Summary By Hans R. Larsen MSc ChE
PALERMO, ITALY. Magnesium is central to human health as it plays a role in a wide range of activities on the cellular level. A deficiency can lead to muscle weakness, fatigue and insomnia. This nutrient may therefore be essential for maintaining muscle strength throughout life. Evidence from athletes supports a role for magnesium in avoiding damage to muscle cells. Muscle mass and function can be compromised in older age, a condition known as sarcopenia. Researchers from the University of Palermo investigated the relationship between sarcopenia and magnesium status. They analyzed data from the Italian InCHIANTI (aging in the Chianti area) study. Data on muscle performance and serum magnesium, gathered at the same time, were available for 1,138 healthy men and women. Mean age was 67 years and the participants were considered representative of the general population. Magnesium status was found to be significantly related to each of the measures of muscle strength – grip strength, lower-leg muscle power, knee rotation, and ankle strength. The link, found in both men and women, remained “highly significant” once the results were adjusted for factors including age, sex, body mass index, and levels of several other nutrients. In case the link was due to magnesium deficiency among certain participants, the analysis was repeated excluding individuals identified as deficient and a highly significant relationship was still observed. The researchers suggest that the explanation may lie in the importance of magnesium to metabolism, or the increased free radical production and proinflammatory effects of low magnesium. They conclude that serum magnesium is significantly, independently, and strongly linked to muscle performance in older people. Measurement of serum magnesium should be part of routine physical check-ups, they believe, but they add that it is not fully clear whether magnesium supplementation improves muscle function. Magnesium is found in green vegetables such as spinach, nuts (especially almonds), seeds, and some whole grains. Excessive intake can interfere with calcium absorption.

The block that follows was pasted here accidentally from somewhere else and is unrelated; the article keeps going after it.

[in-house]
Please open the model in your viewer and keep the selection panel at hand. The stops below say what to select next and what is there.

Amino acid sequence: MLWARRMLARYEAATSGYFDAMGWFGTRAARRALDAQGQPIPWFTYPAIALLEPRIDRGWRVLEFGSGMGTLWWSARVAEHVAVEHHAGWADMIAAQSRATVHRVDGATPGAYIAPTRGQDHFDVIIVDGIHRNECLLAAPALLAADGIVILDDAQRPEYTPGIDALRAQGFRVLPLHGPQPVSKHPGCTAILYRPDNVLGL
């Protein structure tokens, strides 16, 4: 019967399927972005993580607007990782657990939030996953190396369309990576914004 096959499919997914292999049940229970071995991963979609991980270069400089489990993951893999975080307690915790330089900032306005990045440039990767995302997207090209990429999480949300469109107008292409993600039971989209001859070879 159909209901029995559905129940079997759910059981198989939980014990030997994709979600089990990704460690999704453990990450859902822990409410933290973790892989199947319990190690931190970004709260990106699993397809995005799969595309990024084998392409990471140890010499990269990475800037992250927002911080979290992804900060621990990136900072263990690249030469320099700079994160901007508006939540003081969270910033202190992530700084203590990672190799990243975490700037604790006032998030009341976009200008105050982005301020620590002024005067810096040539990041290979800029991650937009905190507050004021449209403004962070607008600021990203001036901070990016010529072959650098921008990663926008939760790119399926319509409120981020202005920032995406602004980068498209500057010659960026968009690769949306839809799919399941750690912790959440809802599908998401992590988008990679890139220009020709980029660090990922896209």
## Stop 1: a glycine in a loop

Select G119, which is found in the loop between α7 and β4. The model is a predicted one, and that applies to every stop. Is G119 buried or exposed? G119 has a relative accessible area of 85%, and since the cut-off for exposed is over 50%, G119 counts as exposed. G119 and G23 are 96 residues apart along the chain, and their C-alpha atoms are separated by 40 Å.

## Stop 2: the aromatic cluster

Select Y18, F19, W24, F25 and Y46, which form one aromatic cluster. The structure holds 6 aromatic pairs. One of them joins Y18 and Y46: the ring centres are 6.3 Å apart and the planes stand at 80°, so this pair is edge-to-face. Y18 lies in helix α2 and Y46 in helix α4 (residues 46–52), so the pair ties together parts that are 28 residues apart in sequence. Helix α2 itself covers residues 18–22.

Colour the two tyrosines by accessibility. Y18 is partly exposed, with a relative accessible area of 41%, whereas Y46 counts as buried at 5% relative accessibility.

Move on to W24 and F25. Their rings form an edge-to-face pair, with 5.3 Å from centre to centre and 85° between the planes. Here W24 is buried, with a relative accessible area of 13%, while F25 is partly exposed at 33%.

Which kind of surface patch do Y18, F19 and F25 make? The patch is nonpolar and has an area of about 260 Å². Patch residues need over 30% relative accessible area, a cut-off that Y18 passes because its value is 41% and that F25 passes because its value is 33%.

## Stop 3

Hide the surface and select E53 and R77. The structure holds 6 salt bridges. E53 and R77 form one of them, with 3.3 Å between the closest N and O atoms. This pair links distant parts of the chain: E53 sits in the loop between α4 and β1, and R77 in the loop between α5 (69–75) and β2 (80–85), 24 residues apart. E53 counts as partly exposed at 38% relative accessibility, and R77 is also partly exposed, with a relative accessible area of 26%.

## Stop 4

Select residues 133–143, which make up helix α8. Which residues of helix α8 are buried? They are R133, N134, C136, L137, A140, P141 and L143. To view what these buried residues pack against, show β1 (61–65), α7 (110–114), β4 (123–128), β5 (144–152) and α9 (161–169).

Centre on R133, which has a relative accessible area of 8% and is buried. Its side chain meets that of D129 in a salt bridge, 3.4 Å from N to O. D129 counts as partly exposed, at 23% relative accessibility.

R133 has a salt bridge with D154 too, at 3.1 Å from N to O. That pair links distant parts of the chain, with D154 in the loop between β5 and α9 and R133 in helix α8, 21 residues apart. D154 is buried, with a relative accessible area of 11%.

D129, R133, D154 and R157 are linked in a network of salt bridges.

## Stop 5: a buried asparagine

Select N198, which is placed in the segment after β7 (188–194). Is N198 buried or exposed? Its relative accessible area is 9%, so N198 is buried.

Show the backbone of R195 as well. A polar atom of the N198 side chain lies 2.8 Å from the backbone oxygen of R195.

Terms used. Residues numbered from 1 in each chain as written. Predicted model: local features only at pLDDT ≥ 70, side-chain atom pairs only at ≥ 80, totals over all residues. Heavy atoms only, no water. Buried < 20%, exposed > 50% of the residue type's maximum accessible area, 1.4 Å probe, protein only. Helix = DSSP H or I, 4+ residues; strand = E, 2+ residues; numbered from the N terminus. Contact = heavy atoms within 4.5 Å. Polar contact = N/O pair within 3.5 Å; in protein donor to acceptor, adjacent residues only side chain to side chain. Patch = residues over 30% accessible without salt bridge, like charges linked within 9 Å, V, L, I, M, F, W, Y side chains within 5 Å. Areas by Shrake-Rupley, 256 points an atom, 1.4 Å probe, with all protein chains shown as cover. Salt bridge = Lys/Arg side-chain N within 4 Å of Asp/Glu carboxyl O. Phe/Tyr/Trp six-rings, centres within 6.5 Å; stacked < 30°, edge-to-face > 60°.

Dominguez, L. J. et al. Magnesium and muscle performance in older persons: the InCHIANTI study. The American Journal of Clinical Nutrition, Vol. 84, August 2006, pp. 419-26